When N. C. Meeker of the N. Y. Tribune established the Greely Colony on a high, barren, gravelly plain in Colorado, as much of an enthusiast as he was known to be, he could not have imagined that from that beginning there would grow up such a beautiful town. Surrounded by rich farms with groves of trees and orchards, and all in sight of the eternal snow. The writer had two hours to spend waiting for a train, and put in the time visiting the suburbs. Past the business portion of the town, mostly built of brick, solid modern stores and warehouses, the wide streets lead into the country, and it is difficult to tell where one leaves off and the other begins. The streets and walks are hard and smooth; on each side of the latter is a row of cottonwoods 10 to 12 inches in diameter, giving a delightful shade. At the curbstone a rapid stream of clear water which is turned into the yards as needed, flooding the green lawn, running between the rows of vegetables and around the flower beds, for every place is beauti. ful, rich and profuse with glorious bloom.

The residences all look fresh, and are cottages of modern style; an unpainted house is a rare exception. The objective point here was Mr. Parker's crab orchard of 600 trees, the oldest planted in 1875. These were bending to the ground with fruit, the varieties being Hyslap.Transcendent and Briar Sweet, the latter, larger than Transcendent, originated in Wisconsin. Mr. Parker remarked that having demonstrated the success of crab growing he had sold five thousand trees in Greely and vicinity. The fruit finds a market in Denver, Cheyenne and the mountain towns; the net price realized last year being six cents per pound, 44 lbs. being the weight per bushel. Small fruits of all kinds have given a fine return. Mr. P. cultivates Wilson for his main strawberry crop. The Duncan for an early berry is the best when it escapes late frosts; thirty-five berries have been sufficient to fill a quart box. Plants set a month ago, under the influence of an abundant supply of water now cover a space of 6 to 8 inches in diameter. The red raspberry season is at its height, and growers are busy shipping, realizing twenty-five cents per box.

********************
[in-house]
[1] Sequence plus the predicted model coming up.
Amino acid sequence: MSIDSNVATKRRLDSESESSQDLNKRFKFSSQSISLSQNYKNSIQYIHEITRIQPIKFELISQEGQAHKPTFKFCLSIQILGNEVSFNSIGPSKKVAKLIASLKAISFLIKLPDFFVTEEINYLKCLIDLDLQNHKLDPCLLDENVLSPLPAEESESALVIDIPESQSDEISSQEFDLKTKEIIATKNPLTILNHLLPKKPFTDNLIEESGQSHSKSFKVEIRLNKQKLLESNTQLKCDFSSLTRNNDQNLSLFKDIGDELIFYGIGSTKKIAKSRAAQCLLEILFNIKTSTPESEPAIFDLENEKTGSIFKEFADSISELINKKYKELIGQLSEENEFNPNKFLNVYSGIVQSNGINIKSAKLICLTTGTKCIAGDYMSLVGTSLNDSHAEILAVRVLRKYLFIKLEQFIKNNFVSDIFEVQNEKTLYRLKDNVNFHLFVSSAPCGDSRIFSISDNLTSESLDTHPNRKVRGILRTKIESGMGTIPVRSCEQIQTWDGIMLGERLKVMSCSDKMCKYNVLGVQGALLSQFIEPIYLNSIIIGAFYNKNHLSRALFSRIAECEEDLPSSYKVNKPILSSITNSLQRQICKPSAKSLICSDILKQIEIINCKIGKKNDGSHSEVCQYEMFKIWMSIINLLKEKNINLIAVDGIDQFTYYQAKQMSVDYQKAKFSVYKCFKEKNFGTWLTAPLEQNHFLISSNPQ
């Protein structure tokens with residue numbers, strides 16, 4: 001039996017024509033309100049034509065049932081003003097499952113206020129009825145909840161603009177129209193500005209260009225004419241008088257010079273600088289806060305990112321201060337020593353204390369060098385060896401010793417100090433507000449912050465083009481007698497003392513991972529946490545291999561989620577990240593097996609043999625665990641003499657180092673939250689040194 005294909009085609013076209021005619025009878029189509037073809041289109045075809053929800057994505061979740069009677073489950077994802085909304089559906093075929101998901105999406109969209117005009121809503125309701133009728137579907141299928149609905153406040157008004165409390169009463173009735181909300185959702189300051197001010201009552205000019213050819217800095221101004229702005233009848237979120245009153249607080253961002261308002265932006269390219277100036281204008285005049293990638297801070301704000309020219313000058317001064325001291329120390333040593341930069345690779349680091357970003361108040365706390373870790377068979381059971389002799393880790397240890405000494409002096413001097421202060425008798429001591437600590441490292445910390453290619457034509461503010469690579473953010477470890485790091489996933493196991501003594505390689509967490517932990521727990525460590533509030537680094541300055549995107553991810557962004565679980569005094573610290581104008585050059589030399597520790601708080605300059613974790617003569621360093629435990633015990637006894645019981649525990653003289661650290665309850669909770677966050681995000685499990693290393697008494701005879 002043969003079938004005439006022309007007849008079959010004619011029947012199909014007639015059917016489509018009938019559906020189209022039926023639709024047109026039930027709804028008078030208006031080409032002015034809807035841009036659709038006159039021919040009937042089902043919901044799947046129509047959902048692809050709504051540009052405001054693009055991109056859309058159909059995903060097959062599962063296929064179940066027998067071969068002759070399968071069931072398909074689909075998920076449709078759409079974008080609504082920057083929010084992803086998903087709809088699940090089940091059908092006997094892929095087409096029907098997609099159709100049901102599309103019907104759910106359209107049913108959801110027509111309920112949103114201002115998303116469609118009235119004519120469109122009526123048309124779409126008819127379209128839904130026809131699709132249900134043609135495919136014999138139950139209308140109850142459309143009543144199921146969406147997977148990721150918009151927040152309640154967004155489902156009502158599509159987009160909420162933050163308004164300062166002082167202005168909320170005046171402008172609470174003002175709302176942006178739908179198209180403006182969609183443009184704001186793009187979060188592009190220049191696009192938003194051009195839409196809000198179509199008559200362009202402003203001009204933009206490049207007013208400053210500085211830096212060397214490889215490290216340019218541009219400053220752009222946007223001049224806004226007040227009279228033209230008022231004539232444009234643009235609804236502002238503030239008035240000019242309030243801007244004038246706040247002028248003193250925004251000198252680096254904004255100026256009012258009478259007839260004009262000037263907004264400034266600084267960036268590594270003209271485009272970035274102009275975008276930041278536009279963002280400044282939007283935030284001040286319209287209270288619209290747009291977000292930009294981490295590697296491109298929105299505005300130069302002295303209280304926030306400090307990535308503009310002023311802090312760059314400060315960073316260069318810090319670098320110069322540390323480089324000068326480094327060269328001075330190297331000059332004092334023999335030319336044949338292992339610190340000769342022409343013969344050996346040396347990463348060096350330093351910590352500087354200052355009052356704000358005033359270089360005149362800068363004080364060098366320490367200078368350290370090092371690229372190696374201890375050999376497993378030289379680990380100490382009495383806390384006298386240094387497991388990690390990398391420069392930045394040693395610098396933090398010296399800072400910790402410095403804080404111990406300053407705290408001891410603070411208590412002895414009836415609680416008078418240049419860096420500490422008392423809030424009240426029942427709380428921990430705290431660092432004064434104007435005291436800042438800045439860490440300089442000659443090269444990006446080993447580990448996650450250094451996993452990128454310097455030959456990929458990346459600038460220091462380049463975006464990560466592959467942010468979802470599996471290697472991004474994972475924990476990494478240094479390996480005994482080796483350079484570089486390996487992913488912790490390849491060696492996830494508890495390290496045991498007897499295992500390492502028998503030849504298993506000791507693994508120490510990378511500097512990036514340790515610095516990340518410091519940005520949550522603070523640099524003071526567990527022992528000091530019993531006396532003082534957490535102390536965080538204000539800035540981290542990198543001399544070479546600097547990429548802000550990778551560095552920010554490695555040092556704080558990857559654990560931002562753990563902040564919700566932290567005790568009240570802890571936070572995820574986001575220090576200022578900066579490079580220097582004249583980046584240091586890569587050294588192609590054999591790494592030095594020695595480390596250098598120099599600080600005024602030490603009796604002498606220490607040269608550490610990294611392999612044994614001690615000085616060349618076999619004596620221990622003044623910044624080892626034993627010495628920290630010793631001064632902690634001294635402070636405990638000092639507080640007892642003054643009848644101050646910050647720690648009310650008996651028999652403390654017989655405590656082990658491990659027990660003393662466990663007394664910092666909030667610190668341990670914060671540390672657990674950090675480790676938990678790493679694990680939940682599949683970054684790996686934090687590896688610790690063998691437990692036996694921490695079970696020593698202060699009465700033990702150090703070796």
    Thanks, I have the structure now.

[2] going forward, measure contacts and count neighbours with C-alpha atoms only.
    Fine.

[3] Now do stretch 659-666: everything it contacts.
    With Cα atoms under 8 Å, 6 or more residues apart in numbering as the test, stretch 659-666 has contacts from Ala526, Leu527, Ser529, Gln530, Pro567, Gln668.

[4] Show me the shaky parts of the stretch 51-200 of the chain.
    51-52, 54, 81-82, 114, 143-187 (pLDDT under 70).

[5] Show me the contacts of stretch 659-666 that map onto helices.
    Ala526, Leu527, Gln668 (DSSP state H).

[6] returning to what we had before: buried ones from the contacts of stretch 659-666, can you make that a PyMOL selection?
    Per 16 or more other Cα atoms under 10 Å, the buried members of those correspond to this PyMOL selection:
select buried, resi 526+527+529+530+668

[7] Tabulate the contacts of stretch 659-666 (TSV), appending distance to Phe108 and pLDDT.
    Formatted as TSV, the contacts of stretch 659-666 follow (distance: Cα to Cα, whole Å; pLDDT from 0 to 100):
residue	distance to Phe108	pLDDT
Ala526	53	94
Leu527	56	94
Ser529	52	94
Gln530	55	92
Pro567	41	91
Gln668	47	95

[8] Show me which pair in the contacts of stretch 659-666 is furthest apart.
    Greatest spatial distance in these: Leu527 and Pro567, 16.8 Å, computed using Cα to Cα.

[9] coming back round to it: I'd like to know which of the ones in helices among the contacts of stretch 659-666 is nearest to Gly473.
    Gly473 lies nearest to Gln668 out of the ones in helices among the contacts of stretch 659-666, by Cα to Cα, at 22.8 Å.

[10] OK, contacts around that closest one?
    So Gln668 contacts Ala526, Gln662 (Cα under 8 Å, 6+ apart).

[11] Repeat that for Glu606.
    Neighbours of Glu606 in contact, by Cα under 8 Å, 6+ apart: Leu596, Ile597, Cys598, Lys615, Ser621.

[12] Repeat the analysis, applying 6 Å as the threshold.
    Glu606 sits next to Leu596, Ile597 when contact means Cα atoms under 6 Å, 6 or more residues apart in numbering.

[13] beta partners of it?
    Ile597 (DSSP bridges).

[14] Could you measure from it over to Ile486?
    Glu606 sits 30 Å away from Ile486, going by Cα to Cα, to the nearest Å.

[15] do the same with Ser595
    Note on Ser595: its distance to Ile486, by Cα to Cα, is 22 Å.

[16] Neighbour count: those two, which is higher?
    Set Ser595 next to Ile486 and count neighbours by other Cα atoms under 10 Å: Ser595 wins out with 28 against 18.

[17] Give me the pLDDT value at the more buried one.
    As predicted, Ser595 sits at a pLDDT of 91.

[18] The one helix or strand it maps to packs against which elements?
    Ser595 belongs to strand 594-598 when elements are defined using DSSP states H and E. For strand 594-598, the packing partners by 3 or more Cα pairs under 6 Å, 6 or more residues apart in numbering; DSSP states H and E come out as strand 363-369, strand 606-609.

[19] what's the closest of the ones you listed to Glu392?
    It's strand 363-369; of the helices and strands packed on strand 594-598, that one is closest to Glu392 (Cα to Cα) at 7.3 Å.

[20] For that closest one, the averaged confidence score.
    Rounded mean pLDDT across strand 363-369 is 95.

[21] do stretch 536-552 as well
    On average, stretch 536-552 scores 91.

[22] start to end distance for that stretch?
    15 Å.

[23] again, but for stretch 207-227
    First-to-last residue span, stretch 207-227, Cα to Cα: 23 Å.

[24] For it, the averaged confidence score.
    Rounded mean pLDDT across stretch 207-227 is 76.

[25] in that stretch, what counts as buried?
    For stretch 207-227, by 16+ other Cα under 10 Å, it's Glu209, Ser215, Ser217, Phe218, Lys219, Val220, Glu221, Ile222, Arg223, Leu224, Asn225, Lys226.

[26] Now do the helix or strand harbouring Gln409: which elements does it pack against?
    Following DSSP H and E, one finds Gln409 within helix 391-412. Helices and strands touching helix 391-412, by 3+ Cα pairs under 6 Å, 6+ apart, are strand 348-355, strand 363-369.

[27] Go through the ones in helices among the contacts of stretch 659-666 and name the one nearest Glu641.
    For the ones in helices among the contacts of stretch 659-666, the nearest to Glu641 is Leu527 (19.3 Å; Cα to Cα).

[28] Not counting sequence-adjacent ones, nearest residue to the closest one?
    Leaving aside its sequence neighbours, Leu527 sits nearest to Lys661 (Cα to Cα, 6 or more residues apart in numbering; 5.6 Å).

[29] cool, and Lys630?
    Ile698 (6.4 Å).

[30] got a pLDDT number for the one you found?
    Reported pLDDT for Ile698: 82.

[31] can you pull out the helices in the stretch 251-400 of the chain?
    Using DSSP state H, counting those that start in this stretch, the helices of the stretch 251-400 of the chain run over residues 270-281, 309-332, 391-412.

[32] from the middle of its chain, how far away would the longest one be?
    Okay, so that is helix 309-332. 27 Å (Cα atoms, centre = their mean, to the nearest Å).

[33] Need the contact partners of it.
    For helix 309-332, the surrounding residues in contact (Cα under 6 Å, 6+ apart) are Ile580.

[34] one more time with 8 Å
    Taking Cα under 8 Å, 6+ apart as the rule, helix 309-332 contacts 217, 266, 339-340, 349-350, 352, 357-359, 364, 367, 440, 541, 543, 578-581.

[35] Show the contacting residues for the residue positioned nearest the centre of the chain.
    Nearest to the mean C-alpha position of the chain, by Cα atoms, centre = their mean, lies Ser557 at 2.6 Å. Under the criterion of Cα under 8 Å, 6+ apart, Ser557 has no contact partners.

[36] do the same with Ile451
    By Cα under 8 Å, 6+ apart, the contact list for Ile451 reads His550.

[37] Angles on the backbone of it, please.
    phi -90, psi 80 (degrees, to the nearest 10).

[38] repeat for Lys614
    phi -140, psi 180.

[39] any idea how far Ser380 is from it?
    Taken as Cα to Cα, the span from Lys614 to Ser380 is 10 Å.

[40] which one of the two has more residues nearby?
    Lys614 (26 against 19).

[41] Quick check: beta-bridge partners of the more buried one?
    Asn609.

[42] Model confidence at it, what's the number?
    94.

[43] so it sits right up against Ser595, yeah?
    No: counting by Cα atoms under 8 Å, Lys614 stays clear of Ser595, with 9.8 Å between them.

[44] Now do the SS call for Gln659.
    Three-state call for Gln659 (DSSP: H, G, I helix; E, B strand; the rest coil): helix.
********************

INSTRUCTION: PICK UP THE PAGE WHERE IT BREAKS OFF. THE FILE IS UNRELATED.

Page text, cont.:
Clark, Turner and Cuthbert are the approved varieties; all these have to be laid down and covered with earth during winter.

Complaint is made that apples winter kill, though the writer has seen fine specimens of Duchess, Ben Davis and Red Astrachan grown under the shadow of the mountains. The trouble is that the ground is too dry in winter. An abundant irrigation in the fall with heavy mulching would no doubt in my mind insure a good growth. Twig blight is unknown.

Since writing the above I have visited a few of the orchards in Utah, along the line of the Utah and Northern R. R. Apricots have given a fair crop; specimens, as large as hen eggs, not uncommon; early peaches (August 6th) just coming into market. These are clings, green fleshed, very rich and full of juice. Smock, Orange Stump, Heath Cling, etc., show half a crop of fine fruit, while the seedlings in most orchards are full. These furnish the staple dried fruit - Salt Lake peaches. Apples are still troubled with codling moth, but the crop of the standard sorts like Greening, White Winter Pearmain, Wine Sap, etc., is very heavy. Red June, Astrachan and Pennock are in market, retailing at three cents per pound. Pear trees are bending to the ground; Bartletts, Flemish Beauty and other standard sorts very fine. Plums are full, especially Green and Imperial Gage and Coe's Golden Drop. The effects produced in enlarging the size of fruit by irrigation would surprise an Eastern fruit grower. A small furrow runs within three feet of the rows and the water turned in for two or three hours once a week, costing but little labor, gives a large return.

These Utah fruit growers are as well posted on new kinds, etc., as the men of New York. Onions are a profitable crop in the valleys of Utah. On one farm was a fine crop of Yellow Danvers where 800 bushels were gathered last year from three-fourths of an acre; price seventy cents. Omaha, Neb.